Tuesday, January 02, 2007

Yum Cha

On January 1st, we enjoyed such a tasty dim sum lunch in San Francisco. There was a TON of food. And tea. Major Yum Cha action.

Chinese dumplings were part of the meal. Wrapped in wonton skin and/or wrapped in other thin noodle dough. Pork-filled, shrimp-filled or filled with other tasty ingredients.
They were good. I mean goooooooooood. Perfect, actually. At least I thought so...

Many a diner in Chinese restaurants (dare I actually say 'in particular those diners of Chinese-descent'?) will talk about the food whilst eating it. What I mean is discuss in detail. As in analyze. Evaluate. Scrutinize. JUDGE.

And I do mean pick it apart.
Oftentimes, the entire meal conversation will be focused on the preparation of the food that was just ordered, labored over in the kitchen and presented now for gastronomic enjoyment.
Or not.

Typical comments: too salty, not salty enough (no flavor), ingredients chopped too fine, not chopped finely enough, overcooked meat or fish, undercooked meat or fish, stringy tough vegetables, too many vegetables, not enough vegetables, not enough sauce, too much sauce, meat not trimmed well of fat and gristle, meat is overtrimmed of fat and gristle, too much filler of baby corn, onion, bamboo shoots, celery, not enough baby corn, etc. (this comment is rarely made), etc. etc. Portion size is also looked at: not enough = skimpy. Overladen plate = Hmmmm, they give a lot. (this comment is never uttered loud enough for the restaurant staff to overhear, lest they reduce the portions next time round).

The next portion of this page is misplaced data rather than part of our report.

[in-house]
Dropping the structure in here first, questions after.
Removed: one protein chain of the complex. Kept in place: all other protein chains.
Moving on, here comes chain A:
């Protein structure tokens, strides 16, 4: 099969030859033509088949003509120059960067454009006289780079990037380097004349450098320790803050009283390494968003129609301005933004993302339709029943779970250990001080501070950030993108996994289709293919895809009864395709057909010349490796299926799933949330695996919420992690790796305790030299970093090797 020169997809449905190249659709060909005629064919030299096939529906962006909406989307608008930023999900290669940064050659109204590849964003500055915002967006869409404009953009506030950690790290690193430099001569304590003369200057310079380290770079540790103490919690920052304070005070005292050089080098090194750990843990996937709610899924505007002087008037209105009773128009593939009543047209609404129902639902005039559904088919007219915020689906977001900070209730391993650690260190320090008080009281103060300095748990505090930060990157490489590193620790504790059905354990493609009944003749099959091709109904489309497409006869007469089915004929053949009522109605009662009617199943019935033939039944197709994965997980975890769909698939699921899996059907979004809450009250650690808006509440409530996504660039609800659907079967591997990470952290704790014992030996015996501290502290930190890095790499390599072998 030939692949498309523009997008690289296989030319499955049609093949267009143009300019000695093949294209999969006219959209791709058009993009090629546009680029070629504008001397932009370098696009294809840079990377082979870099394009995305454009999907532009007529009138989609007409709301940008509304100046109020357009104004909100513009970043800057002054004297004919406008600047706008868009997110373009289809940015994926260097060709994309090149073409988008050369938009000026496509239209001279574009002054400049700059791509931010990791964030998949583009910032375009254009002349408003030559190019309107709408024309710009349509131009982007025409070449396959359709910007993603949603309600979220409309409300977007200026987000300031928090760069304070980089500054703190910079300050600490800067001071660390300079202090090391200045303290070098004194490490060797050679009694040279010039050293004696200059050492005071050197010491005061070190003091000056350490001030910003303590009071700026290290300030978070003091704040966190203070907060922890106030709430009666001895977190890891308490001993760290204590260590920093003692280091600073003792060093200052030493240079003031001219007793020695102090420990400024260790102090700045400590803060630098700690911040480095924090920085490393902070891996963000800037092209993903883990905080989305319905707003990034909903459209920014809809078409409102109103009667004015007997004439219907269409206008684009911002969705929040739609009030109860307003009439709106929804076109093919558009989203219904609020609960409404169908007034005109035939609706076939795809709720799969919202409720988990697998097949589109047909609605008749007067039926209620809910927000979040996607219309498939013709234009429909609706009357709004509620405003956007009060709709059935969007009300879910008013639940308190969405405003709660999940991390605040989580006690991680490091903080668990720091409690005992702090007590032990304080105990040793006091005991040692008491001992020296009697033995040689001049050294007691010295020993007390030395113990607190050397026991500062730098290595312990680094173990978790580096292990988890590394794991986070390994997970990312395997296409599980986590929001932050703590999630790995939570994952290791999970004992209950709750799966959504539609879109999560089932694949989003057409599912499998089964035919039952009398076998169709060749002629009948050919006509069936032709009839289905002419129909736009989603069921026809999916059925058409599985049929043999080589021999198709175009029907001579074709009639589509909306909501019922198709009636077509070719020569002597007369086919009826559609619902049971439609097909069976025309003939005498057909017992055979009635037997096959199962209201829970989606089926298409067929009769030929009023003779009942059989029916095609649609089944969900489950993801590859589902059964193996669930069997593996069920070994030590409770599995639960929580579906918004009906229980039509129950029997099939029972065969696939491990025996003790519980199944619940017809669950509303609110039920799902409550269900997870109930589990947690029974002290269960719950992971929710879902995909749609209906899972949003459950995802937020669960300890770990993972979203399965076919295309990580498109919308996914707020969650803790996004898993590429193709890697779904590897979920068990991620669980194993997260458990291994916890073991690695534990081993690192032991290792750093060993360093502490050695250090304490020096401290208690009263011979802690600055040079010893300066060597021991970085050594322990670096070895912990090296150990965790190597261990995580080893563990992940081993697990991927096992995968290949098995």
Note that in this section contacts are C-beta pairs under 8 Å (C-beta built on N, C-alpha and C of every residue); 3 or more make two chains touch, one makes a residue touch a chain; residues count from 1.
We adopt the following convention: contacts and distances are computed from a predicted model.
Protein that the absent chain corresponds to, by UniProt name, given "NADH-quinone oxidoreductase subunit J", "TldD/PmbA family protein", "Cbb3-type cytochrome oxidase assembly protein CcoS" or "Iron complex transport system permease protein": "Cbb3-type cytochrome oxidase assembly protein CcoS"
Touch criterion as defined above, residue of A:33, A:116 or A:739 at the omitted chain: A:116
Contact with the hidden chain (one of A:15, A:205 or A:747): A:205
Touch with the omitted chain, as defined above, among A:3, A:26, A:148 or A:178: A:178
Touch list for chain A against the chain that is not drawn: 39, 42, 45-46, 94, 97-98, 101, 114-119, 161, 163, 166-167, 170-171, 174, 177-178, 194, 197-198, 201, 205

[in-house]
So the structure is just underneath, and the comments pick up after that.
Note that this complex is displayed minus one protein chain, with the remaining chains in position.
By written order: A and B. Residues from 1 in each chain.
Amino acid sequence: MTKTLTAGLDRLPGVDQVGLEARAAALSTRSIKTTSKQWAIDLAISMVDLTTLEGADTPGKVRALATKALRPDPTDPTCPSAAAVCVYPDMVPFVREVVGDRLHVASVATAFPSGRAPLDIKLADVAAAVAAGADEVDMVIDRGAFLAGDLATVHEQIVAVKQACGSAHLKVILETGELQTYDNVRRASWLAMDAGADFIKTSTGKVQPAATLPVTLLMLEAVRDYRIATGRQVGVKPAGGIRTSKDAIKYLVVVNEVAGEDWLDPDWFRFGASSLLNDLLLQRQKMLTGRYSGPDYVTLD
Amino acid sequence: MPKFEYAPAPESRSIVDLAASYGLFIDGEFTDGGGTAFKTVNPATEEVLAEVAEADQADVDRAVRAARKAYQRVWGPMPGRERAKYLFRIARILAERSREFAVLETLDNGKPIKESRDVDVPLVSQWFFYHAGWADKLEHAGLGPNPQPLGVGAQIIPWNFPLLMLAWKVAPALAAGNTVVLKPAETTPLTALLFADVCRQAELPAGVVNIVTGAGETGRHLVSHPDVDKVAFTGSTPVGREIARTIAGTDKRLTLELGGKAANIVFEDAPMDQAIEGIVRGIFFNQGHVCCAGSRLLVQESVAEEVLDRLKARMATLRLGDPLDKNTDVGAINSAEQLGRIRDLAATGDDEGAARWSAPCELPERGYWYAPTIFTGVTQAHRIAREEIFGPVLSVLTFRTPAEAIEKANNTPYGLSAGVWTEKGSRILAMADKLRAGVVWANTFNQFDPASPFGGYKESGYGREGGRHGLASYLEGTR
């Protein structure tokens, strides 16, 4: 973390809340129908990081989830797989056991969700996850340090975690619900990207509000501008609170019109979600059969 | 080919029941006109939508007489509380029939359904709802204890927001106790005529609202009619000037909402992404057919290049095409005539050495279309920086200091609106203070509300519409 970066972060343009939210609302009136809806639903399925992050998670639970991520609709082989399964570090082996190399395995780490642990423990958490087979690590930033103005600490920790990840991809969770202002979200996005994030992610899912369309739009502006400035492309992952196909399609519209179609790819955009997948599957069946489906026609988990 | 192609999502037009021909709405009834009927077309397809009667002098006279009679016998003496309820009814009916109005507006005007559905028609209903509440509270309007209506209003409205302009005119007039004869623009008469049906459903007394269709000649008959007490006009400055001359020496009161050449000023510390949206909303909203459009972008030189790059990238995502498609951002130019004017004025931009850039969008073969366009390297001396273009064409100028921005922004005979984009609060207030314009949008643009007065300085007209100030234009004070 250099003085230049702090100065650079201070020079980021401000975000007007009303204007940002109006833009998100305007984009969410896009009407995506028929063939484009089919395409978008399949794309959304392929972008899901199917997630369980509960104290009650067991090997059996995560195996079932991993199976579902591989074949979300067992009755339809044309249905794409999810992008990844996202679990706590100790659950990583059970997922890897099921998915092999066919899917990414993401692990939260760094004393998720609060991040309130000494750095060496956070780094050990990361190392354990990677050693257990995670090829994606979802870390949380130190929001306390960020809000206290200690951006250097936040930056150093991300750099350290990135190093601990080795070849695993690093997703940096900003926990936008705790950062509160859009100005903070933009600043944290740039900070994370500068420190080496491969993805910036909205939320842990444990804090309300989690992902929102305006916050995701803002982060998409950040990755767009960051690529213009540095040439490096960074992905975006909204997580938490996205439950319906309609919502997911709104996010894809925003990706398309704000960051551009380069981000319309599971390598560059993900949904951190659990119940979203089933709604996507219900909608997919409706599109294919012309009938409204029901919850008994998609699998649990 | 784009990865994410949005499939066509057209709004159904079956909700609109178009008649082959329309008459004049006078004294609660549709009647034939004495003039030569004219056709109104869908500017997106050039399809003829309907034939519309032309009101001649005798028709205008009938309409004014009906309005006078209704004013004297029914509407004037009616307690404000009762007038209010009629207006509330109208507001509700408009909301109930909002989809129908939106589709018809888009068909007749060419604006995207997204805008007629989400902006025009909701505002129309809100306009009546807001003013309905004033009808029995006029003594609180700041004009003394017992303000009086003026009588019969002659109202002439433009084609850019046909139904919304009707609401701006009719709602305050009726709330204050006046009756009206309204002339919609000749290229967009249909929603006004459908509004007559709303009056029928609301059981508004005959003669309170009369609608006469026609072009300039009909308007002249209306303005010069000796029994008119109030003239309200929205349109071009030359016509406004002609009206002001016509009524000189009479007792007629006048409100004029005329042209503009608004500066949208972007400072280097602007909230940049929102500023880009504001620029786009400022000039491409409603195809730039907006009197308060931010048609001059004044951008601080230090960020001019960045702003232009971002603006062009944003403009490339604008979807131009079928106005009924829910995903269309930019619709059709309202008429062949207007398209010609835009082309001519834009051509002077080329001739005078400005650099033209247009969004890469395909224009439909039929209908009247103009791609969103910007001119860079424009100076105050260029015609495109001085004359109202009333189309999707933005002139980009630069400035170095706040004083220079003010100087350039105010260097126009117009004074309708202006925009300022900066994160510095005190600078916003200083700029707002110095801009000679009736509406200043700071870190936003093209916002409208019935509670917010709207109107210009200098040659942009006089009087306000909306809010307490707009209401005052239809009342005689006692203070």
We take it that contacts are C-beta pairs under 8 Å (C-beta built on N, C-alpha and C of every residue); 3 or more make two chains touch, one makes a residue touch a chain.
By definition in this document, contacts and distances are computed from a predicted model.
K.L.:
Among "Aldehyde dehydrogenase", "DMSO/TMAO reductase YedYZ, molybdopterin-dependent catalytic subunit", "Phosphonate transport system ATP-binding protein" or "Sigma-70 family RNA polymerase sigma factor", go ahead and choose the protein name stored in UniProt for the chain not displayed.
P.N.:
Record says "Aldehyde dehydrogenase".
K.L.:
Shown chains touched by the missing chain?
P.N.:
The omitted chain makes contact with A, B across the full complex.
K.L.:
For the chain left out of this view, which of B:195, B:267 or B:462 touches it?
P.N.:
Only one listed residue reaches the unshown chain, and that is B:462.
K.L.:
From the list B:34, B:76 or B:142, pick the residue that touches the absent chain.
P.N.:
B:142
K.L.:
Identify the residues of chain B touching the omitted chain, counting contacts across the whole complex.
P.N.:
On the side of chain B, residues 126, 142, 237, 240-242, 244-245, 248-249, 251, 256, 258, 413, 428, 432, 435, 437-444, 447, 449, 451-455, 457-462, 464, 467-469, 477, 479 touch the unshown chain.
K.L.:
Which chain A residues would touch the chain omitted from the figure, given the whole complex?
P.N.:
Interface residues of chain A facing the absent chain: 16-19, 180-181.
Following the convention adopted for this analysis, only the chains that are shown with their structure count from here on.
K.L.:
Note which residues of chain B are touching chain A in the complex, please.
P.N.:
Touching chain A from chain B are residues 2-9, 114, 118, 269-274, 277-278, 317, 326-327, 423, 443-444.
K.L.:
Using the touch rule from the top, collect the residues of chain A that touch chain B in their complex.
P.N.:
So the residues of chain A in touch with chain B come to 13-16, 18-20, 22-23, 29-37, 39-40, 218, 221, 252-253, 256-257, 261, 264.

Temperature of the food is just as important as taste and portion size: Too hot to eat, too COLD to eat (this is a biggie - hot cooked Chinese food is supposed to be right off the burner piping hot when it comes to the table - ready to serve - not a minute too soon or too many minutes after final prep in the kitchen).

The 'kiss of death' comment that scares every diner away from a dish: 'NOT FRESH!'.

This all sounds negative, as in why go out to eat if every meal is a re-enactment of the panel from Iron Chef? That's just the way it is, folks - part of the (family-style Chinese) dining experience.

But really, there is a deliciously delectable positive side to the 'food talk at the table'.
The meal is well-prepared and perfectly cooked. Arrives at the table at just the right temperature. When that happens, you don't really hear a thing.
Chinese diners typically don't mmmmmmmmm and ahhhhhhhhhhh over a perfect dish of food. They just eat it. In relative silence.
After a few bites, someone will say 'Pretty good'. 'Not bad'. 'Think I'll have some more'.

Now, that'sa good review!


jessamynit said...

I am too picky for most dim sum (don't like pork or onions; or sparrows feet) but I LOVE dumplings and sweet buns and all kinds of yummy sweety things.
and sticky rice...

jessierose said...

i'm ready for more!